Done with Windows

Since last week I was getting a SMART error from my laptop. This means some sector of my drive has become bad and drive is going to fail in near future. Nice little warning means a big work. Recovery disks I made for this laptop was about four year old, I don’t rely on them. So burnt a new set of recovery disks, backed up my data and set out to replace my Hard drive.


This is a HP Pavilion dm4 model, with i5 Dual core CPU. It is old, but I never faced much of a performance issue. The drive I had was 600GB. This time I purchased a 1TB drive. Idea was to put some version of Linux in dual boot mode. I use lot of Mukt (Free) software, most of these are port of Linux, so using them with Linux makes better sense. After some contemplation, I settled for Ubuntu. I had a disk of Ubuntu installer, but that was around two years old. I decided to download the latest version for Desktop, Ubuntu 14.10. Ubuntu comes in four major flavors:

  1. Desktop : that comes with GUI and window manager
  2. Server: that will setup a Linux Webserver but does not have GUI
  3. Kylin: With Chinese support
  4. Cloud: for building openstack cloud

Ubuntu disk images are available for free. Desktop version is around 1.5GB. It is better to use bittorrent to download such big files. There is no point in straining the central server and collecting the data from far away location. To download Ubuntu, I installed a bittorrent client and selected alternate download location. Let the download run for the night. In morning, I had the disk image waiting for me to be burnt into a fresh DVD.

Replacing the disk was 10 min job. Thanks to HP, all you need to do is to take out 2 screw and HDD is accessible. I knew, recovery will take time. I had to feed 6 disks one after another when computer will copy all the files. Manual at HP site says it will take 2 – 3 hours. I started the work at 11:00 AM on Saturday, expecting it to finish by 2:00PM. Anyway the work actually completed only at 8:00PM. To be fair, couple of times I went out and computer was waiting for disk change, but a increase in this factor of 3 was not expected.

Work done and with a factory fresh setting, I went to install install Ubuntu. First thing for this is to change boot setting to allow computer to boot from DVD. Next is to make some room for the new OS. So I started windows Disk Manager. Oh, it shows me 4 partition. I knew there will be a partition for recovery files. It was there, then there is a tiny 200 MB boot partition, well I grant that there it makes things safe, then there is the main partition nice 970GB of it, with around 70 GB occupied by Windows 7. There is another partition called HP tools. Which is not something I bargained for. Four primary partition is basically aimed to ensure that I can not install another OS over it. IBM hardware has this restriction of 4 primary partition. I take this as nothing but pure mischief. As it is I am now having second thought with HP products. HP has a policy of push advertisement. In the name of assistance it keeps bugging me to buy this or that. Now this restriction had my patience with HP to its limits. I scrapped dual boot idea and decided for all Linux machine.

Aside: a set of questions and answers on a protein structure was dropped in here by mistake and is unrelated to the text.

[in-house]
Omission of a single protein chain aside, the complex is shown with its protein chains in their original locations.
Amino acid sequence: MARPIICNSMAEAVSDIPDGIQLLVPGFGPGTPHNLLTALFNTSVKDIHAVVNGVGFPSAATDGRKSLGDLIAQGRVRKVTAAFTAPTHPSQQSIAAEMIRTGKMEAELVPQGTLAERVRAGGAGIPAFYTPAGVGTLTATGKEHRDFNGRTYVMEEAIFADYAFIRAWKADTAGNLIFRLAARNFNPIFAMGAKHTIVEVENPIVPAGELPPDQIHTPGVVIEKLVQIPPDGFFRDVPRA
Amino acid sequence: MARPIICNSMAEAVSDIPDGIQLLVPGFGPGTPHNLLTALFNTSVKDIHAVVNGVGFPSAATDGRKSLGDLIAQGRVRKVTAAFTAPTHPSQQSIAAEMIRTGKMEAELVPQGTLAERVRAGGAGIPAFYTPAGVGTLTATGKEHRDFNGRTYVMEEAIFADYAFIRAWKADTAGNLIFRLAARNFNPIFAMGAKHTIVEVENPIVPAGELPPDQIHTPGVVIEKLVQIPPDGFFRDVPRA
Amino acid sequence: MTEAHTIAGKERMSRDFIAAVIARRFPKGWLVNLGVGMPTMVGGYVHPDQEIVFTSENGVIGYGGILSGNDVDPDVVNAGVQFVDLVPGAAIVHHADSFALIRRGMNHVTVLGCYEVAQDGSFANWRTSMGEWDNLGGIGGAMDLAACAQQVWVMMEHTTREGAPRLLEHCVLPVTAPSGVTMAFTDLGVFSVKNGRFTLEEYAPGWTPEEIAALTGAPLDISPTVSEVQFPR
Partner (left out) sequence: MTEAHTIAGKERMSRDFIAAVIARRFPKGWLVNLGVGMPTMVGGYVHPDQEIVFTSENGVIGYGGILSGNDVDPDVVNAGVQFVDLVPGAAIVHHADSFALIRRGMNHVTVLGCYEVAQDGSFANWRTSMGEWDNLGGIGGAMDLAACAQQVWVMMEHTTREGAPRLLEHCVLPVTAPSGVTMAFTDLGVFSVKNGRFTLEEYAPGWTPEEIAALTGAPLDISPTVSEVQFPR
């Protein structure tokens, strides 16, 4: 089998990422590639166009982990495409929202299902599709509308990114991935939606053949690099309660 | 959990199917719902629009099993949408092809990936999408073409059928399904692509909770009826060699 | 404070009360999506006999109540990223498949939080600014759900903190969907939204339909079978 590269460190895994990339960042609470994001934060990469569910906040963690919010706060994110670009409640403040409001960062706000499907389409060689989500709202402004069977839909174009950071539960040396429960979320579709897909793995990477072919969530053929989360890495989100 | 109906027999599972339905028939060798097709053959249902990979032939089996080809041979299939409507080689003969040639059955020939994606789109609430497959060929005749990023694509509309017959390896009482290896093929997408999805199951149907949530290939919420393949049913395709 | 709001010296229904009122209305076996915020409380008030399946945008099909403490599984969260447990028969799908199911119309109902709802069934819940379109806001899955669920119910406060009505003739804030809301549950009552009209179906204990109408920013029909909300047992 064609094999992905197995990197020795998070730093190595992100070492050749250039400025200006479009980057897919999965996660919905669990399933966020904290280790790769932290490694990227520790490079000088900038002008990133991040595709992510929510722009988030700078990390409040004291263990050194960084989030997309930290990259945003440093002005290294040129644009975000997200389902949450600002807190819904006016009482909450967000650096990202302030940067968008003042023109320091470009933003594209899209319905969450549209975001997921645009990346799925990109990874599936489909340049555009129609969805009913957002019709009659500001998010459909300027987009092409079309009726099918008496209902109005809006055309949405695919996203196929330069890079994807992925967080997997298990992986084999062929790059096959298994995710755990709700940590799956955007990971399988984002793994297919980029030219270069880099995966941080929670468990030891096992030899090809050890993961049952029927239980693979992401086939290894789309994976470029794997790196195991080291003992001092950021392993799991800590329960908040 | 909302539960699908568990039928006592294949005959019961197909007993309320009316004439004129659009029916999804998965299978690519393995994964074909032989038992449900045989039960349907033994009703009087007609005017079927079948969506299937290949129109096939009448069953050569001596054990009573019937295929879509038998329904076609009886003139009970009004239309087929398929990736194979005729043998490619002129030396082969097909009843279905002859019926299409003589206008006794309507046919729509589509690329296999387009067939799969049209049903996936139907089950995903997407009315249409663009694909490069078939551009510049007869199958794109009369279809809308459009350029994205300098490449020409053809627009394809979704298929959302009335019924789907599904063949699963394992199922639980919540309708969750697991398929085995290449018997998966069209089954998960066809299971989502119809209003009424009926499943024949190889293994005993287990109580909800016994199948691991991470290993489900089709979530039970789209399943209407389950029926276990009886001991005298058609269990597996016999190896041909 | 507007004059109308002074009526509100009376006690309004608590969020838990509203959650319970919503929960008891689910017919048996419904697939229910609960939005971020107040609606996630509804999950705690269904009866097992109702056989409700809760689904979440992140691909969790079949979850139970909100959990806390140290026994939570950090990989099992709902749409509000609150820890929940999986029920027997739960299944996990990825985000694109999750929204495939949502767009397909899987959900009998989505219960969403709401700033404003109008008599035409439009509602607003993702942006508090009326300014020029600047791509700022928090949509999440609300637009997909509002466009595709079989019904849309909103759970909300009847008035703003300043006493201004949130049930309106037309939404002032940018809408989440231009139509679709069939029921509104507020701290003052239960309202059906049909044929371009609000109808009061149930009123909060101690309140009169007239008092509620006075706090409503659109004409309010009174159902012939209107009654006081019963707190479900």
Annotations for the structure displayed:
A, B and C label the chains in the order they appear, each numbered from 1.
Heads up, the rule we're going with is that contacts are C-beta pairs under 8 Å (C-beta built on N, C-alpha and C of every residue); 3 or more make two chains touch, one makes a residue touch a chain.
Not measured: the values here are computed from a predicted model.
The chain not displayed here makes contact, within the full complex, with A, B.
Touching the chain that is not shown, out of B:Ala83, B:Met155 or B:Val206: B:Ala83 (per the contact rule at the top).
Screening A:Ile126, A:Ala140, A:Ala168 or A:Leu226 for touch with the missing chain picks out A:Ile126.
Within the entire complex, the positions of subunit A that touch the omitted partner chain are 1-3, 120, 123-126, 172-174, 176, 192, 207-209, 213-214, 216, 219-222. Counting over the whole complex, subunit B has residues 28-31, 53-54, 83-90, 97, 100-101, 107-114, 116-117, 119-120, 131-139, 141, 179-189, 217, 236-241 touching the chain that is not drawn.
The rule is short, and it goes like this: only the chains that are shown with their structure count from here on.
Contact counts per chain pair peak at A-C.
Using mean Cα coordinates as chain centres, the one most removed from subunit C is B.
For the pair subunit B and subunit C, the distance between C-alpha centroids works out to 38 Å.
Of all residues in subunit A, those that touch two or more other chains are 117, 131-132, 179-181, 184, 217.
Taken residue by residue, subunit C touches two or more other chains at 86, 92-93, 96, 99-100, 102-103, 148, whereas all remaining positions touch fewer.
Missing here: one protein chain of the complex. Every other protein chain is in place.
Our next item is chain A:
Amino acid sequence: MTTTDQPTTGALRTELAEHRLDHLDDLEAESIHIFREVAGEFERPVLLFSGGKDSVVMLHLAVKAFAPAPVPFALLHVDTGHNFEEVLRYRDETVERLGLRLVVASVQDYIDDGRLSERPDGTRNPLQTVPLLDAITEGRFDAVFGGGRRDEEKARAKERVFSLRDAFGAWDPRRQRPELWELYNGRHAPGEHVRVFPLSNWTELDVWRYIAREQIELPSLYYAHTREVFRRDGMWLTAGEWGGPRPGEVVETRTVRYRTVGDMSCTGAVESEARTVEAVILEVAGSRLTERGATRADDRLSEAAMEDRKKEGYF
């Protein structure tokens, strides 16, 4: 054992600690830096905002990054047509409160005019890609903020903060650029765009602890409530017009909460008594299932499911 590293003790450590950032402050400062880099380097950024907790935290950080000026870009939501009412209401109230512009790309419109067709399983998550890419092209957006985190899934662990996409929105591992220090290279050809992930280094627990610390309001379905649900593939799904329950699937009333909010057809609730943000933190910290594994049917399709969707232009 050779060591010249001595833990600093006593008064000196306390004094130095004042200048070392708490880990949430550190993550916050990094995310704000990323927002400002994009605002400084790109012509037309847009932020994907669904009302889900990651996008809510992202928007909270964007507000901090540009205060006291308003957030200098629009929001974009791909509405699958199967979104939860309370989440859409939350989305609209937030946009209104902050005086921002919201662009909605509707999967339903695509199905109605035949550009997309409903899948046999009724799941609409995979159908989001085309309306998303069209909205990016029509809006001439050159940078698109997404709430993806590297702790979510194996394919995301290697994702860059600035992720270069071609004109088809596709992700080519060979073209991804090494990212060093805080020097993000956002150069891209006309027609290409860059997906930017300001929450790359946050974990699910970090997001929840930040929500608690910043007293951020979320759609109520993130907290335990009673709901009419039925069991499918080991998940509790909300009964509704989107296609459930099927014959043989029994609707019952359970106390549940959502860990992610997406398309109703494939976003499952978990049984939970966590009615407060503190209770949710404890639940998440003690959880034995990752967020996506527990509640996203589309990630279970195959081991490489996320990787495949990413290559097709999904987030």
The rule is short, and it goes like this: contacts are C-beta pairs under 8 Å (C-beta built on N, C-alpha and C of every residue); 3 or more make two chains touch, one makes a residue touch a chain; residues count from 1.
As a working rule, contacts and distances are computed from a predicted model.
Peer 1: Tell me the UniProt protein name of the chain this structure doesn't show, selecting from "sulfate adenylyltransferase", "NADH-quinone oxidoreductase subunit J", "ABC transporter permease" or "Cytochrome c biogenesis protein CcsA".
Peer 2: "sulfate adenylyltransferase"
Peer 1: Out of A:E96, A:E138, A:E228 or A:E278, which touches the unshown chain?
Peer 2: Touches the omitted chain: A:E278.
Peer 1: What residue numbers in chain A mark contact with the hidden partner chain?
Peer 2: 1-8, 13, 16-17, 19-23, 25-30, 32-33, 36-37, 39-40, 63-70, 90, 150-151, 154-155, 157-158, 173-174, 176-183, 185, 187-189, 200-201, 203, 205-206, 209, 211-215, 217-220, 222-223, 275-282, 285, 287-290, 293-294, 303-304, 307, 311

Once the decision is made rest of the work becomes easy. Popped in the Linux DVD in drive and reboot the machine. Within minute the machine booted from DVD and asked for option to install. It was simple, install over entire drive. Next screens were name, password location etc. It asked me if I want to update the software, I selected yes. That’s it, for about two hours softwares were installed and then I got a screen to log in.

Ubuntu comes with most required software pre-installed. Out-of-box you get full libre office suit. C++ compiler is part of core Linux. For programming a feature rich text editor is required. Gedit does the job to certain extent. But there is nothing to beat emacs. Emacs is not packaged with ubuntu. To install open Ubuntu software center, type emacs and click on install button. That’s it. After few seconds emacs is installed. Here you go:

Biggest problem that one has to shift OS are the collection of programs that one builds. I also have a good number of Windows program that I can’t leave without. Office and text editors taken care of, now I want to have a comfort. I do not want to search for replacement for each and every windows program. There are two ways to run Windows program within ubuntu. First and easiest is wine. No, it is not the drink. Wine in ubuntu stands for windows emulator. I use software center again and install wine. For my microprocessor programming, I use a program called picpgm. I don’t know of any ubuntu alternative for it, nor do I care much. I run this one with wine. For this I select picpgm executable in file browser, right click and select run with wine program loader option. Thats it!

Other programs that I use frequently are password saver – keepassx; messenger – pidgin; SIP – ekiga; Voice recorder – Audacity; Photoeditor – gimp all of these are available with ubuntu. Some of these are preinstalled, rest I installed from software center. Ubuntu comes with screen capture tool, but I wanted a tool that will allow me to capture a part of it, like I am using it here. Shutter is the software of my choice. For typing in Bengali, Avro is again readily available. But Libre office language needs to be installed to use it. It takes some work, that took around 30min. That’s it ! After about 4 Hrs, I am done with almost all functionality that I had in Windows. 
There is one additional feature that’s lacking in Windows, that the multiple desktop.
Some 8 Hrs of work later, I am back in business with all tools that I had earlier and some more. Now let us take a peek on my disk:
Just 15GB. I could have carried the OS in a SD card!!!